The purpose of the Web service in SeqWare is threefold. First, it allows individuals to connect to the database with user-specific permissions. Second, it prevents direct access to the database. Third, it allows remote users to query the database without needing to install the PostgreSQL client locally.
In the first case, not all users should be able to access all studies in the MetadataDB. Some studies have proprietary information that should not be widely available. PostgreSQL cannot grant row-specific permissions for users. Authentication through the Web Service will allow those users to view and change only those rows that they have permission to view.
Secondly, direct access to the database should be discouraged. There is a great deal of business logic built into SeqWare that is not available at the database level. The database allows for much more flexibility than SeqWare Pipeline expects. Therefore it is advisable to redirect all database queries through a business logic layer that will preserve the hierarchy in the database.
Thirdly, remote users can query the database without having to construct an SQL query and without needing to install the PostgreSQL client. We are using a RESTful Web service, in which most of the information needed by the Web service is provided in the HTTP URL and the message type. For example, navigating to /seqware-webservice-0.10.0/workflows is equivalent to ‘SELECT * FROM workflow;’ in psql, and going to /seqware-webservice-0.10.0/workflows/1 is equivalent to ‘SELECT * FROM workflow WHERE sw_accession = 1;’. These queries may be executed either in a browser or programmatically.
If you are working on our CentOS VM from the Installation guide your settings file will already be present. Otherwise, your SeqWare settings file needs to be configured to use the Web service rather than ‘database’ or ‘nometadata’. This file is usually located at ~/.seqware/settings.
There are four variables that need to be changed: SW_METADATA_METHOD, SW_REST_URL, SW_REST_USER, and SW_REST_PASS. The SW_REST_URL is the location of the deployed WebService. Below is an example snippet of a .seqware/settings file.
SW_METADATA_METHOD=webservice SW_REST_URL=http://localhost:8080/seqware-webservice-1.1.0 SW_REST_USERemail@example.com SW_REST_PASS=admin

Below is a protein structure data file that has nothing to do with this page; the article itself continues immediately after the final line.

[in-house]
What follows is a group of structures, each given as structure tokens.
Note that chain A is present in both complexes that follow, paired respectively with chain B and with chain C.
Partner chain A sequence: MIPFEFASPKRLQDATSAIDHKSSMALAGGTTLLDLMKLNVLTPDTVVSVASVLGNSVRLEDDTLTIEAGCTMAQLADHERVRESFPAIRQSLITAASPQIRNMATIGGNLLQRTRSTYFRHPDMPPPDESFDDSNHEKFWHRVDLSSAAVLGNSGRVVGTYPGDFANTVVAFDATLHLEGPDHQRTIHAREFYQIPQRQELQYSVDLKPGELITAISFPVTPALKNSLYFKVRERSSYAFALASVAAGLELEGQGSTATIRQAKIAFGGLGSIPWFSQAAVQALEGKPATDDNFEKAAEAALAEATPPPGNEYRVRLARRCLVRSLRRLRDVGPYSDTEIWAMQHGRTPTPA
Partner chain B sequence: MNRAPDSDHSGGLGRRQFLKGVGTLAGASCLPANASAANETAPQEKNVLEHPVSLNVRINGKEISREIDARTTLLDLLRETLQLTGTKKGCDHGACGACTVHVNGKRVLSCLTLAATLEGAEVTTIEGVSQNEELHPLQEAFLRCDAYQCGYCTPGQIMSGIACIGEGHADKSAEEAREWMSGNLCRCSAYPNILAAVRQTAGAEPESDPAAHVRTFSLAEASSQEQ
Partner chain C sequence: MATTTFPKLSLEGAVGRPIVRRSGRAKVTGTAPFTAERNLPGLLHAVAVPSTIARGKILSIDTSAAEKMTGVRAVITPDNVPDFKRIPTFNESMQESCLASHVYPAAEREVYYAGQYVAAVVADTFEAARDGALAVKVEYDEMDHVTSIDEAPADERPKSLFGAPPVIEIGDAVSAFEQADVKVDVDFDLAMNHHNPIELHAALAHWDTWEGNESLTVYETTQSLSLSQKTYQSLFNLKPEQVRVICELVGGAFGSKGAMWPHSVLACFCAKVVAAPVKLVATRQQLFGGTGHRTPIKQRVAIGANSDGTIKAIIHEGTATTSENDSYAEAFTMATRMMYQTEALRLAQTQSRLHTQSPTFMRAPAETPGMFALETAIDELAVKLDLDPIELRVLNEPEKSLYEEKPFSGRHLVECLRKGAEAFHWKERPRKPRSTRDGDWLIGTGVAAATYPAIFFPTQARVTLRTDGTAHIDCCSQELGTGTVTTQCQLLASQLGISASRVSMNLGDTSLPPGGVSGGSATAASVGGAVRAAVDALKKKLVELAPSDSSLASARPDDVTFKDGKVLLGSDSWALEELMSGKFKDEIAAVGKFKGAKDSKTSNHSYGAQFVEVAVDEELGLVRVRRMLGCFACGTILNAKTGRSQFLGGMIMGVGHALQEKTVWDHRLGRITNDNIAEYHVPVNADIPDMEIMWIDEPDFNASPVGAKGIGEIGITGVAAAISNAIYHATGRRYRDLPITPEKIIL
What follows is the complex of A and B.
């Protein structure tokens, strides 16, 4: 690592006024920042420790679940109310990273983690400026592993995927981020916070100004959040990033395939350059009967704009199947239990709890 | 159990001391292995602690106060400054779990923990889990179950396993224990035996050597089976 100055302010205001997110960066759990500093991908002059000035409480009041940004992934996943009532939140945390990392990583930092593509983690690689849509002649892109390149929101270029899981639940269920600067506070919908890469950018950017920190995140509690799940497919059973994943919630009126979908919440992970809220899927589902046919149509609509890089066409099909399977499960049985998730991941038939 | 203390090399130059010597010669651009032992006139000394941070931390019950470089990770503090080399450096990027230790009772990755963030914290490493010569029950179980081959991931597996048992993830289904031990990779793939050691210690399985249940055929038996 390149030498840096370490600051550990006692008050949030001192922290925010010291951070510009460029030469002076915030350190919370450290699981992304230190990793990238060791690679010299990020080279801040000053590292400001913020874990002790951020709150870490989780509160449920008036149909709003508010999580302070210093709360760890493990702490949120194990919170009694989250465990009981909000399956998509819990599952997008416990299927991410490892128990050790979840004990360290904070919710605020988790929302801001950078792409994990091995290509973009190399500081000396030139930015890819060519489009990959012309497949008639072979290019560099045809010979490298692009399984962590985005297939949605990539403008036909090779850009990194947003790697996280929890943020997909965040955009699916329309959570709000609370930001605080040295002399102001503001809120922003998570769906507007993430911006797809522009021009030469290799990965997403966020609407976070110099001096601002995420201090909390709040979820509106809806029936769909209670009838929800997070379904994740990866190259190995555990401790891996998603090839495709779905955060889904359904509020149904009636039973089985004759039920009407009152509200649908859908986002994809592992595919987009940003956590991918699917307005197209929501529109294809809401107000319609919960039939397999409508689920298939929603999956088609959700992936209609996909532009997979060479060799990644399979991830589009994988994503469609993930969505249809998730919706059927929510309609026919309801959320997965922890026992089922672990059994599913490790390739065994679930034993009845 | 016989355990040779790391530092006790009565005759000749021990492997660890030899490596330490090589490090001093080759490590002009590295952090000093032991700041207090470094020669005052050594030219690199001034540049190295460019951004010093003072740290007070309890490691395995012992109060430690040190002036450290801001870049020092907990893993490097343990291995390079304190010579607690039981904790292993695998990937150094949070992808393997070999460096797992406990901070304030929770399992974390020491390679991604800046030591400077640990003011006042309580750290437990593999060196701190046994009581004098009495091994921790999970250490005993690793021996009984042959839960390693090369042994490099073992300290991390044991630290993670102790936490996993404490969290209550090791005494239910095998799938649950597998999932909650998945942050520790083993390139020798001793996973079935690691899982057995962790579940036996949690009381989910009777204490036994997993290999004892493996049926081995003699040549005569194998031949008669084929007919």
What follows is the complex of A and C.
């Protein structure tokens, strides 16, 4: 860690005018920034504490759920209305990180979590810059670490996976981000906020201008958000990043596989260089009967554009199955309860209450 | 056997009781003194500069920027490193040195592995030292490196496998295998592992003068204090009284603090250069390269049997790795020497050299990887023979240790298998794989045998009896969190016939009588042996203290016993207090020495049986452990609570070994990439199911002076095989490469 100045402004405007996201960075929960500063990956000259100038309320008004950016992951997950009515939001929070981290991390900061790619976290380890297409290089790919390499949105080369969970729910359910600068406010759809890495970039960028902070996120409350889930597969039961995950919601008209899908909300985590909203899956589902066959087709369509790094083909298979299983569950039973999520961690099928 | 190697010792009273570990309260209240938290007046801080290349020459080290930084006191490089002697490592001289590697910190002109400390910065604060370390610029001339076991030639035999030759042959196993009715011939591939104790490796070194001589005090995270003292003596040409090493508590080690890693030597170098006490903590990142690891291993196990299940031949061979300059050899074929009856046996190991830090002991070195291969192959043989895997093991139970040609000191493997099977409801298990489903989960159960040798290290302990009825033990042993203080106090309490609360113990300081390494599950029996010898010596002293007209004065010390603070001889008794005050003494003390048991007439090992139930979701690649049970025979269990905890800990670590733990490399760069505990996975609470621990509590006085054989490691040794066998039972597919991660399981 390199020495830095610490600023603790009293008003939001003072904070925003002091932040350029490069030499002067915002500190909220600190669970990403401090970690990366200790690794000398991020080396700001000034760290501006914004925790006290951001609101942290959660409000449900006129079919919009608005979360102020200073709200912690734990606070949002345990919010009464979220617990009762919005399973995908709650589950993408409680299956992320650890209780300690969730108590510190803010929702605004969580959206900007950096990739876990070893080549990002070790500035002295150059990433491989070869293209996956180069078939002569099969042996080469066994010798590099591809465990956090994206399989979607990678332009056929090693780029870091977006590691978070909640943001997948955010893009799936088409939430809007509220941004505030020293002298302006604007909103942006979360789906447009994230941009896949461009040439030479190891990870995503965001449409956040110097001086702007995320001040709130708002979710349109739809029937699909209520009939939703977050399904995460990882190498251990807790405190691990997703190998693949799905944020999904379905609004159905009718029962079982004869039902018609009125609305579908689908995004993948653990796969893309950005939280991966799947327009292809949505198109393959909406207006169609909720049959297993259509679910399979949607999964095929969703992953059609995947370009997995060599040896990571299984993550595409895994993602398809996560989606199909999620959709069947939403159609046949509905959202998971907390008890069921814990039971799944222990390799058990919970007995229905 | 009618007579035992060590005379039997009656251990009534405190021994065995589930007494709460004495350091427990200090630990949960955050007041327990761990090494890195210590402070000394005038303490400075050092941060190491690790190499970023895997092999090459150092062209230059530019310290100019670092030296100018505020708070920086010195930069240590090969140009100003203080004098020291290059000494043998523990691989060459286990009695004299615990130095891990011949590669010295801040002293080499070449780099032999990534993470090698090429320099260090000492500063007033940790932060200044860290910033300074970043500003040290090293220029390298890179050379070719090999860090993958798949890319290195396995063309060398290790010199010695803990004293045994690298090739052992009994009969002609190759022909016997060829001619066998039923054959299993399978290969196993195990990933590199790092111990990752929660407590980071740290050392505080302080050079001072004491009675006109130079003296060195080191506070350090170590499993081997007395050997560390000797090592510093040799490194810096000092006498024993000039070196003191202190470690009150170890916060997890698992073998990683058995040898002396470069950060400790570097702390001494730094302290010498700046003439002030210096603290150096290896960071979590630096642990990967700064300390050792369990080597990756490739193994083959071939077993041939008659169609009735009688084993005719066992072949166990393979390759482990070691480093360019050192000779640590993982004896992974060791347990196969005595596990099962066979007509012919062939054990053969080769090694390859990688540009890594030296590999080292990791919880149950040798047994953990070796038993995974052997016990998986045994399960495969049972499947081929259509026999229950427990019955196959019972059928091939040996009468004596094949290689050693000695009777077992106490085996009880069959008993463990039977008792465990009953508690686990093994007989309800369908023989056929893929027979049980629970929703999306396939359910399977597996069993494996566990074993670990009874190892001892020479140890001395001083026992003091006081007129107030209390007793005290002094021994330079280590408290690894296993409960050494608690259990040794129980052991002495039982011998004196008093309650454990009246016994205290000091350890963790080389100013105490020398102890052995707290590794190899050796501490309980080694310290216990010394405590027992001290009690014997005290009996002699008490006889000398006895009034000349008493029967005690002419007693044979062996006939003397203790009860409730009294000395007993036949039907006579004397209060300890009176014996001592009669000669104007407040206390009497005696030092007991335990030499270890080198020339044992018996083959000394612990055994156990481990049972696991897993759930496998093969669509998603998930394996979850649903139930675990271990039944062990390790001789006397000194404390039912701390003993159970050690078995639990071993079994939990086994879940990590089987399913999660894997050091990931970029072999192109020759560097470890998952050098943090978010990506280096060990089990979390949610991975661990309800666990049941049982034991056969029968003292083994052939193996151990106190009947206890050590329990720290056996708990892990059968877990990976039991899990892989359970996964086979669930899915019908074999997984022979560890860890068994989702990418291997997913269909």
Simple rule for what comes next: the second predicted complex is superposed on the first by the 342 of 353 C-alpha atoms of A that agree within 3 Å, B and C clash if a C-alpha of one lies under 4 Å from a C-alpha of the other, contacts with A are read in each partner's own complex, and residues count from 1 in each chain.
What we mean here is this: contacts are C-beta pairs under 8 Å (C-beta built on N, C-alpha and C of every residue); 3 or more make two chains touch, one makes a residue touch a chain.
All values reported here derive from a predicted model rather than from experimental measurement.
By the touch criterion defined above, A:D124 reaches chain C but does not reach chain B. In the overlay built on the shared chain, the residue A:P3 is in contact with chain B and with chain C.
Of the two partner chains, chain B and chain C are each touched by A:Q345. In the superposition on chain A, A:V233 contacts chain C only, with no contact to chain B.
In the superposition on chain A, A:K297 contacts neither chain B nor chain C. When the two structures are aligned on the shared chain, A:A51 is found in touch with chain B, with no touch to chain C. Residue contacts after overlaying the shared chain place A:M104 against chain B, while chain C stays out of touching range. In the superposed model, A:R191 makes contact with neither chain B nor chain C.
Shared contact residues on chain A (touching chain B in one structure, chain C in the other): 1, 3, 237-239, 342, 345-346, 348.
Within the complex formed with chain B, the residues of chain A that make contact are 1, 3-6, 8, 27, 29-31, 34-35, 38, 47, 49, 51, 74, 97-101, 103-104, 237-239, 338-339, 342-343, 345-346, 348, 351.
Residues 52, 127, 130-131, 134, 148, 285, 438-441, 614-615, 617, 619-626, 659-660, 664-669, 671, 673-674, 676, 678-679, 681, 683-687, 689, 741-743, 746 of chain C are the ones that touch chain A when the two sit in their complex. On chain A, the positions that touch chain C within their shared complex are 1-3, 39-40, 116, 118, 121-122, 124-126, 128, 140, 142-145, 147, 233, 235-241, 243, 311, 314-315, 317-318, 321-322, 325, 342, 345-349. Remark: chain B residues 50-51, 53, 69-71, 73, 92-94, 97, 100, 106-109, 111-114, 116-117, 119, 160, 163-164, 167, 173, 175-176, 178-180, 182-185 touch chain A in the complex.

Providing the Web service is already installed for you, there are three approaches to using the Web service. In order from least to most programming, these are the options:
The .seqware/settings file needs to be configured to use the Web service for these two options.
Most users will want to use our pre-configured VMs, see the SeqWare Install Guide for how to get the VM. The SeqWare Web service is the primary mechanism by which users can reach the SeqWare MetaDB. The Web service prevents the user from having to make SQL queries and facilitates building services on top of the MetaDB. Currently, there is a Java client located in the seqware-commons package that can be used to access the WebService, which is configured through the .seqware/settings file.
Please see the Install Guide
This API describes the resources that make up the SeqWare RESTful Web service.
The SeqWare Web service has two primary functions. First, it is the primary mechanism by which users can query the SeqWare MetaDB. The Web service prevents the user from having to make SQL queries and facilitates building services on top of the MetaDB. Secondly, it allows privileged users to launch and monitor next-generation sequencing workflows and pipelines remotely without having any local SeqWare dependencies. These two functions are split into ‘Metadata’ and ‘Pipeline’ functions.
Operations on the metadata resources are primarily for read-only access of the SeqWare metadata database. Any PUT or POST operations add only one row to one table in the SeqWare Metadata database. There are four classifications of resources:
These jobs loosely correspond with tasks performed by SeqWare Pipeline, for example, launching workflows, modules, and plugins. Pipeline tasks are distinguished from Metadata tasks because they trigger more advanced processing of the data by systems other than those associated with the Metadata DB. For example, jobs triggered on the pipeline may cause a job to be run on a server, or a ZIP file to be uploaded and installed as a workflow.
At the moment, a workflow can be launched through a job resource.
The reporting section of the Pipeline documentation includes information on various reporting tools built on top of the Web Service. Most users will be interested in using these command line tools directly since they greatly simplify the process of querying the web service for retrieving workflow results.